Lastly, Pearl dipped her paintbrush into the color black, a reminder of the frustrations she has felt and will certainly feel in the future: frustrations from not having her dad, losing her sight, her mom having to work so hard, and never seeing Landon again…everything. Pearl angrily painted black onto the stick. It represented to her the bitterness that comes from unresolved frustration. Pearl thought it was ugly; and yet, somehow it fits perfectly on the stick. Black took its place as it belonged. This was a stick that told the story of Pearl’s emotions, life, and dreams. Without the black the other colors would not look as bold.

“Floor’s dry!” Pearl’s mom shouted. “You guys can come out now. Thanks!”

Pearl carefully positioned the stick in her bathtub for it to dry. She washed her hands, put up the paint supplies, and walked out of her door at the same time Grandma was walking out from her room.

“So, what have you been doing?” Grandma asked Pearl.

“Painting. Painting that stick I found at the campsite.” Pearl felt exhilarated. The walking stick especially excited Pearl, and she was proud of the thought and detail she had put into it. Pearl knew there was something very special about that stick, and she was gradually unveiling its mysteries while revealing more about herself. In a way, it was becoming Pearl’s autobiography.

Dr. Holt arrived right at on time, seven o’clock sharp. Pearl answered the door. Dr. Holt looked handsome and very different without his white lab coat. He looked more “human,” less scientific. His short, light brown hair was gelled up in the front, making him look young and hip. He was wearing dark distressed jeans with an orange button-down shirt, untucked. He wore a thick brown belt that matched the color of his sandals. Pearl could see why her mom was attracted to him. Pearl smiled cheerfully when she greeted him. “Hi, Dr. Holt. Good to see you. Come on in.”

“Thank you, Pearl. Good to see you too,” Dr. Holt said with another one of his killer smiles. Dr. Holt handed a small bouquet of flowers to Pearl. “Let’s see; the yellow daisies are for you.”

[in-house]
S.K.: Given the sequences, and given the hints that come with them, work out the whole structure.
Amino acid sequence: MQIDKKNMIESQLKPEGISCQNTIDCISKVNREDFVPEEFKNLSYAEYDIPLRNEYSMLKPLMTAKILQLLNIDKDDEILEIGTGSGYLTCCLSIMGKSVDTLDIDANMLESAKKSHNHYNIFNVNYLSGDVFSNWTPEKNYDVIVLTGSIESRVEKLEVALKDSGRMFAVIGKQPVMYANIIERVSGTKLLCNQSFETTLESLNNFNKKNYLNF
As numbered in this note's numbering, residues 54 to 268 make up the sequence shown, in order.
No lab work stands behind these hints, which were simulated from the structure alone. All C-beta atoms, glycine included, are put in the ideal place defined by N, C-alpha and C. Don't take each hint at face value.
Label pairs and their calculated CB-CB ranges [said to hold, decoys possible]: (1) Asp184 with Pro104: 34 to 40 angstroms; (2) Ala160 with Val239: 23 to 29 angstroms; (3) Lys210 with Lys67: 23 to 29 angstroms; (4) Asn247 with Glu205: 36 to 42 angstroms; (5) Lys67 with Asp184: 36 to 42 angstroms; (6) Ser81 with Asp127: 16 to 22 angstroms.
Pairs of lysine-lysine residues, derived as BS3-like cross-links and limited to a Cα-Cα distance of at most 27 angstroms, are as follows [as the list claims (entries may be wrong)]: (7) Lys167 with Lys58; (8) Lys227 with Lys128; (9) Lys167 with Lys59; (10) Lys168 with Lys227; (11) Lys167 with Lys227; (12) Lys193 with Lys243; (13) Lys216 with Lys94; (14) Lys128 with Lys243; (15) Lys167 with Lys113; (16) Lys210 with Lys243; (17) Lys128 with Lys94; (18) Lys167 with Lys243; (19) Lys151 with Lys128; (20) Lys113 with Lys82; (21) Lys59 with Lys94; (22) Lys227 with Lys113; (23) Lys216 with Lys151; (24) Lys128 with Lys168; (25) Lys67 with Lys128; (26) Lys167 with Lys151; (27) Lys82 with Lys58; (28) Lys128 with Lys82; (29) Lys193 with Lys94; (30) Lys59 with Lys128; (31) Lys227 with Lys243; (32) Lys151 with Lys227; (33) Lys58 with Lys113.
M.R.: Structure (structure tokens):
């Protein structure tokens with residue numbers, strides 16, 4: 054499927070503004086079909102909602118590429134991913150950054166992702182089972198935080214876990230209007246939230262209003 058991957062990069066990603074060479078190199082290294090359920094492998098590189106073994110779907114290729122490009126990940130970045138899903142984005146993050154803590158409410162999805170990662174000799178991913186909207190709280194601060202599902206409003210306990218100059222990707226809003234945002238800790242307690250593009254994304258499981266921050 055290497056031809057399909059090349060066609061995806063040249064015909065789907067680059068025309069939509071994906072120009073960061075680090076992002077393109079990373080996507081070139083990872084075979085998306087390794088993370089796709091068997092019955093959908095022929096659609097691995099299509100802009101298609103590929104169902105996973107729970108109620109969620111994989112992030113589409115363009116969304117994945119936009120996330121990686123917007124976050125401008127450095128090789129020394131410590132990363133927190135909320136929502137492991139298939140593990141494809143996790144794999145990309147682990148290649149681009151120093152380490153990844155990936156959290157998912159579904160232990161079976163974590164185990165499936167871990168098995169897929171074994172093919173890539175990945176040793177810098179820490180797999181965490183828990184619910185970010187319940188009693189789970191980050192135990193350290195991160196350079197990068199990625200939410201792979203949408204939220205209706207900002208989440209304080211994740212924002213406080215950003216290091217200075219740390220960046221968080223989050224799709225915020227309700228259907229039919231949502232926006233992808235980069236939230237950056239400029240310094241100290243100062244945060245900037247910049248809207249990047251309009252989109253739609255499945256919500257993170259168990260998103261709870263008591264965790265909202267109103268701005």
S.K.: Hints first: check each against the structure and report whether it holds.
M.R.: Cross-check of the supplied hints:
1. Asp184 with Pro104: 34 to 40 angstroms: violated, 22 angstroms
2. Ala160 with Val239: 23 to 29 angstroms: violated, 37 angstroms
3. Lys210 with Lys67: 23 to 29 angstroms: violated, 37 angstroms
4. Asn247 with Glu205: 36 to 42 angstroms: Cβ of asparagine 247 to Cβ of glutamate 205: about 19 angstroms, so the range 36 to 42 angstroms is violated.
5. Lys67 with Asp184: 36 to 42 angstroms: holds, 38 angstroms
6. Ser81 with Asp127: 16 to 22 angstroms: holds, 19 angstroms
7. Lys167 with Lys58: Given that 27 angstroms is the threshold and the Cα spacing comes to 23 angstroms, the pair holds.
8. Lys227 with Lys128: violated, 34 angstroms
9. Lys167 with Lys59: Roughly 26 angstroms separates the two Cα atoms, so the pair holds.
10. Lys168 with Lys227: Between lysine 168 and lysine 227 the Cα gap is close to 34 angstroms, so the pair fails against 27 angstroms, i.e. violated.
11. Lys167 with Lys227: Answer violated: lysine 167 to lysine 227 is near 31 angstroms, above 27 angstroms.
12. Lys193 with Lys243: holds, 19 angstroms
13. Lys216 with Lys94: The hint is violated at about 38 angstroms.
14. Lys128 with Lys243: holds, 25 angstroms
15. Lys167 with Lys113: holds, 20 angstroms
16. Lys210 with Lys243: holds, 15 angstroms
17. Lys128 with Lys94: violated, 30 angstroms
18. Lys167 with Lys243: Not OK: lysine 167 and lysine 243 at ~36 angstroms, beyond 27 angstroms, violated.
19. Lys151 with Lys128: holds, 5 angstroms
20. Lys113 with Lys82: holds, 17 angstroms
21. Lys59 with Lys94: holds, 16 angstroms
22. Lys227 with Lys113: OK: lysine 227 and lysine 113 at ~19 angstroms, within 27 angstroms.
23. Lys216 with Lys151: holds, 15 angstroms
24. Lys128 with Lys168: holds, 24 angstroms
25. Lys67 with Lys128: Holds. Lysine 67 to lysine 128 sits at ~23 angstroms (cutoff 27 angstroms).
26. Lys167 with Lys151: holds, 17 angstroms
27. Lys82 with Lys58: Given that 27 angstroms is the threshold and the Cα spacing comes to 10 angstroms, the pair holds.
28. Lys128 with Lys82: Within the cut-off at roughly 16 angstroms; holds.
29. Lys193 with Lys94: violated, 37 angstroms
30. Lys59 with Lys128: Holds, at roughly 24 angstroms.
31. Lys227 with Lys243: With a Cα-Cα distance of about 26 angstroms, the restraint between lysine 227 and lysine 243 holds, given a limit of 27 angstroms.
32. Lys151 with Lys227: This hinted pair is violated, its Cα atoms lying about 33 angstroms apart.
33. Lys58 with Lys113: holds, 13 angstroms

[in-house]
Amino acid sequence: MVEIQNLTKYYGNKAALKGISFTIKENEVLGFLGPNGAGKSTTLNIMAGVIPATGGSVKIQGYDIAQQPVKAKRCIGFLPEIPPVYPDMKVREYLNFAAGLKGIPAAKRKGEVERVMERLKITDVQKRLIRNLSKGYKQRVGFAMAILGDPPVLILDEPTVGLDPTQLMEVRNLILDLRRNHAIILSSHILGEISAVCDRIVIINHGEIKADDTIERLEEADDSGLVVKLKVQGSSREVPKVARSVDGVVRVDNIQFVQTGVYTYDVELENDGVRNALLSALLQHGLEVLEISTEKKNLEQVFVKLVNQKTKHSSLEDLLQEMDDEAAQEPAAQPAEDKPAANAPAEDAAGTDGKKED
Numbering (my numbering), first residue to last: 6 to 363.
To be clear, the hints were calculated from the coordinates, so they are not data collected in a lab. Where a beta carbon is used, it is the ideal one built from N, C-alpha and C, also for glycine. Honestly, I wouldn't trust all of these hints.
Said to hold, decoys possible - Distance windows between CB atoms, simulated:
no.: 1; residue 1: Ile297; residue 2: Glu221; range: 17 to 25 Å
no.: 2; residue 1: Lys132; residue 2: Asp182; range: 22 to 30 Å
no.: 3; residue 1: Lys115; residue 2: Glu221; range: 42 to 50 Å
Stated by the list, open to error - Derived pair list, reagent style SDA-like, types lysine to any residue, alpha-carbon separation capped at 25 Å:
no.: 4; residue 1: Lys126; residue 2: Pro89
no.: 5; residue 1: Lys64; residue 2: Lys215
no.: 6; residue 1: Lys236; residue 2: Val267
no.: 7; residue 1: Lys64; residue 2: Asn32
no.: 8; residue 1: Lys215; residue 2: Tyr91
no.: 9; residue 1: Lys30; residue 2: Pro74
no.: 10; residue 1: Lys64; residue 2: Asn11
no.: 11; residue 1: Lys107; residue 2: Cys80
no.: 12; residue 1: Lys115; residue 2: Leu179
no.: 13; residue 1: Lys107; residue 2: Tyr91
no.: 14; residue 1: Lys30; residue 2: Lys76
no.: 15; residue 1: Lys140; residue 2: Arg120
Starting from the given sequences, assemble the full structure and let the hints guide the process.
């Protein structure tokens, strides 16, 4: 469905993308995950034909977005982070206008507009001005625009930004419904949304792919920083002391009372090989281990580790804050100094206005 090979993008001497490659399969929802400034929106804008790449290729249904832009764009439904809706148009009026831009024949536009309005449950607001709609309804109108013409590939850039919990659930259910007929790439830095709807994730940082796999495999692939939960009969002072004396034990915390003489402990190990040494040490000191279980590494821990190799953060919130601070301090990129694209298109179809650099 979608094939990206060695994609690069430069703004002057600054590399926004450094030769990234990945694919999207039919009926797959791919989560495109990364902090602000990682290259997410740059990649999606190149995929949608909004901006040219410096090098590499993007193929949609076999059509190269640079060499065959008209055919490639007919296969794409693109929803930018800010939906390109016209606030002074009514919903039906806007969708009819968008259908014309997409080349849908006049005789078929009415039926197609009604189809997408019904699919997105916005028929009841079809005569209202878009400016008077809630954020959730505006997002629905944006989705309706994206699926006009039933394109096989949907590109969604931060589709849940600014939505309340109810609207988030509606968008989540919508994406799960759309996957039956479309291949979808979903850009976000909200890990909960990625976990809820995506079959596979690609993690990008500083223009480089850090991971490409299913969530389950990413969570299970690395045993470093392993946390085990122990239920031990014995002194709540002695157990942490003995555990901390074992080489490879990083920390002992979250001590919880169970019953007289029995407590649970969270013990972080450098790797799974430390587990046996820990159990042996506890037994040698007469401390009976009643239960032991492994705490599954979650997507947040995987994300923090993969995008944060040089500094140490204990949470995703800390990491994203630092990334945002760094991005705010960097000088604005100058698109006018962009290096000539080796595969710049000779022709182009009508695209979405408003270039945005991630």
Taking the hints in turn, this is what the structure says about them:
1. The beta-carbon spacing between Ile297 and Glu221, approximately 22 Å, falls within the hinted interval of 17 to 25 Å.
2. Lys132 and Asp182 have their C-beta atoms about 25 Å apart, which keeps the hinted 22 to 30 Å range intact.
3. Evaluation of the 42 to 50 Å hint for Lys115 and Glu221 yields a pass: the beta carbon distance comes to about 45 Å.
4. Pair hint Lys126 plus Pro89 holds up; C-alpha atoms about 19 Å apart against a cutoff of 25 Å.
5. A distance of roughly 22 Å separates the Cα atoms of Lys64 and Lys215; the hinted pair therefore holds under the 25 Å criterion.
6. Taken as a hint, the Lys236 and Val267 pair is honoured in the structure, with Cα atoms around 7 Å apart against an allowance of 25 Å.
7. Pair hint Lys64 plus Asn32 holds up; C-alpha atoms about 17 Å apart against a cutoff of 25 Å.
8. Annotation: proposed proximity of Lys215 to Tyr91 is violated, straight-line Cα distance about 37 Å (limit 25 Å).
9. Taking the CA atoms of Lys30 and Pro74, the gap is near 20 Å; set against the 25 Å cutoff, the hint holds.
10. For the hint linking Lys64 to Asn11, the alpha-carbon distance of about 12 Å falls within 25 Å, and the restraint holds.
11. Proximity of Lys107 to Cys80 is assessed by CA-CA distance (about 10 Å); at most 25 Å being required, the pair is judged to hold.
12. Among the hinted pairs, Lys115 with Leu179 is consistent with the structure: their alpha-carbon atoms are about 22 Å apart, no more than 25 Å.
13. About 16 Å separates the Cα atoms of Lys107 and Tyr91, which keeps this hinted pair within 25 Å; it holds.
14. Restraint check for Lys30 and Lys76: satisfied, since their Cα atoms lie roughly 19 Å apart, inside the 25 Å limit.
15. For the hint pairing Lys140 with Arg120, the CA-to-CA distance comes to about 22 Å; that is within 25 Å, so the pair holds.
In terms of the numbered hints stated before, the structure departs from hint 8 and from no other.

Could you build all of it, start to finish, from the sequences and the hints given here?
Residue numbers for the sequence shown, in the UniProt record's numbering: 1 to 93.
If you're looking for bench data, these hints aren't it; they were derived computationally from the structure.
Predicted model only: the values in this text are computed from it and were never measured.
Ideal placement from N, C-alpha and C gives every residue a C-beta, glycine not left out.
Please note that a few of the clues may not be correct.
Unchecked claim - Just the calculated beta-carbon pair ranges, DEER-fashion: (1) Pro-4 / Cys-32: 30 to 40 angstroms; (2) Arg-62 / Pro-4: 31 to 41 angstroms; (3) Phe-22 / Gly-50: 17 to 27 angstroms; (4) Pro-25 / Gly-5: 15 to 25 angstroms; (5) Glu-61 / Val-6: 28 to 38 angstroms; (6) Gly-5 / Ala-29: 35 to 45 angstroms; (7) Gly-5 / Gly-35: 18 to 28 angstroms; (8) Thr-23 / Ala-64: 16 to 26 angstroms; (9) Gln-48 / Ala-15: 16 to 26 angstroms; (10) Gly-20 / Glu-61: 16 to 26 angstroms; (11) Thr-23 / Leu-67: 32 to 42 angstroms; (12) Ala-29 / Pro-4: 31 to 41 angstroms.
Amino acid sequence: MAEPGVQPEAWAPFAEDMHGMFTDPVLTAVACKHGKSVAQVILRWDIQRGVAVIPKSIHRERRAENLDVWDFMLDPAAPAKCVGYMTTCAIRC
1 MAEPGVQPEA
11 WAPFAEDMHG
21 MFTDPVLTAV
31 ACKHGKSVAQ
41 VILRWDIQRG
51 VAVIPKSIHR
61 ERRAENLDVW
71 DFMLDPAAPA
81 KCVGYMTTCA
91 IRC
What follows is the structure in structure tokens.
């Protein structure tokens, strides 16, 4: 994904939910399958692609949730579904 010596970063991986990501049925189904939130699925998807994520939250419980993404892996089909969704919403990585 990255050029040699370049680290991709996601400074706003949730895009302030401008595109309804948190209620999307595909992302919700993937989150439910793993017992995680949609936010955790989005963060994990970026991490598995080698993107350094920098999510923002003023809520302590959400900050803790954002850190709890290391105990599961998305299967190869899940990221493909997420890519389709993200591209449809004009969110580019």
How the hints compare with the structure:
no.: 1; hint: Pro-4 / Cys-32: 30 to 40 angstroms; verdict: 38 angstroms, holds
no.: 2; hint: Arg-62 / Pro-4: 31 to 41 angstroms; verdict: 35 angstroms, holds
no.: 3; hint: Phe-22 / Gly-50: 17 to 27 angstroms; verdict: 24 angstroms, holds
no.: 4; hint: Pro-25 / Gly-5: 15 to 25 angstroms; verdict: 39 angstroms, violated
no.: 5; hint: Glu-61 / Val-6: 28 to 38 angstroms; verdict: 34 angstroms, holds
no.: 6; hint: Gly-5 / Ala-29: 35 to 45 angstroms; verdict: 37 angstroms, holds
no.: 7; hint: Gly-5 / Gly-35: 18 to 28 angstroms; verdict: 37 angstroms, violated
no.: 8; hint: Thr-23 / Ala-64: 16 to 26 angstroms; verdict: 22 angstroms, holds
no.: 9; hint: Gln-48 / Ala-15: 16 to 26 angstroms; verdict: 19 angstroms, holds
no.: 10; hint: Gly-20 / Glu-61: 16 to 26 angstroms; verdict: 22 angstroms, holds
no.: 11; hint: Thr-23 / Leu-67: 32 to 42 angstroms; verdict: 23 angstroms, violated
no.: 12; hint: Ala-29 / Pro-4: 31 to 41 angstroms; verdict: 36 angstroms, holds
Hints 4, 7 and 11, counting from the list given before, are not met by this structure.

“Wow! Thank you!” Pearl said as she took the flowers. She noticed he had two more wrapped bouquets in his hand. “Mom is in the kitchen. Just follow the smell of the meat sauce.” Pearl watched Dr. Holt as he casually made his way down the front corridor. She noticed that he wiped the palm of his free hand against his jeans before he stepped into the kitchen. Pearl could tell he was nervous.

“Hi, ladies. How is everyone tonight?” Dr. Holt said in a deep, good-natured voice. “Susan, these are for you.” Dr. Holt handed Susan a beautiful bouquet of yellow roses and white cushion poms.

“Hi, Todd. Thank you. The flowers are gorgeous. I want to introduce you to my mother. Mom, this is Todd. Todd this is my mom, Cheryl.”

“I have already heard so many great things about you, Cheryl. It is truly a pleasure to meet you. Last but not least, I brought you some fresh lilies,” Dr. Holt said as smoothly as French silk pie.

Grandma blushed as she took the flowers from Dr. Holt. “Well, thank you, Todd. They are lovely. And I certainly have heard a good thing or two about you. Thanks for everything you have done to help Susan and Pearl. I can’t thank you enough for your interest in Pearl’s condition.”

“My pleasure. Pearl is a wonderful girl, and I will gladly do everything in my power to make sure she gets the attention she needs to succeed. I would, however, be misleading you if you thought my only interest was in Pearl.” Dr. Holt looked Susan in the eye with such a mischievous twinkle that Susan immediately blushed.

Dinner was filled with lots of laughter, spaghetti noodles, meatballs, and good company. Everyone enjoyed themselves tremendously. There was not a moment of awkward silence; rather, every morsel of conversation was tossed around light-heartedly like popcorn popping. The kitchen table held so much energy that it appeared to glow. Neither Susan, Grandma, nor Pearl could remember the last time they had so much fun.

As Pearl rinsed off the dinner plates and put them in the dishwasher, her mom started serving her famous pineapple meringue cake. Todd helped clear the table, and Grandma made a fresh pot of coffee. All four went into the living room and made themselves comfortable on the couch, loveseat, and big chair. Both Grandma and Pearl noticed that Susan and Dr. Holt sat next to one another on the couch.

“This is a delicious cake,” Dr. Holt said while taking the first bite of his second piece.

“It’s my specialty. I’ve been making it since Pearl was in diapers,” Susan said merrily.

“Mom, don’t embarrass me, please.” Pearl did not want any visuals of her in diapers.

“Oh, Pearl. You will always be my baby.” Susan looked at Pearl with soft sweet eyes that swelled with pride and love for her daughter.

“Well, you know, Pearl, your mom has not stopped bragging about you since I met her. You are definitely the apple of her eye,” Dr. Holt said to Pearl. “There is something that I want to discuss while we are all here if you don’t mind. I hate to break up the fun of the evening, but I do want to briefly mention something a little more on the serious side before I leave.”

“Okay,” Susan said hesitantly. “What is it?”

“Well, I am just going to be as straightforward with all of you as I would want someone to be with me. Pearl, from looking at your tests and the rate at which you are losing your sight, I predict that you will lose most of your vision within the next two years.”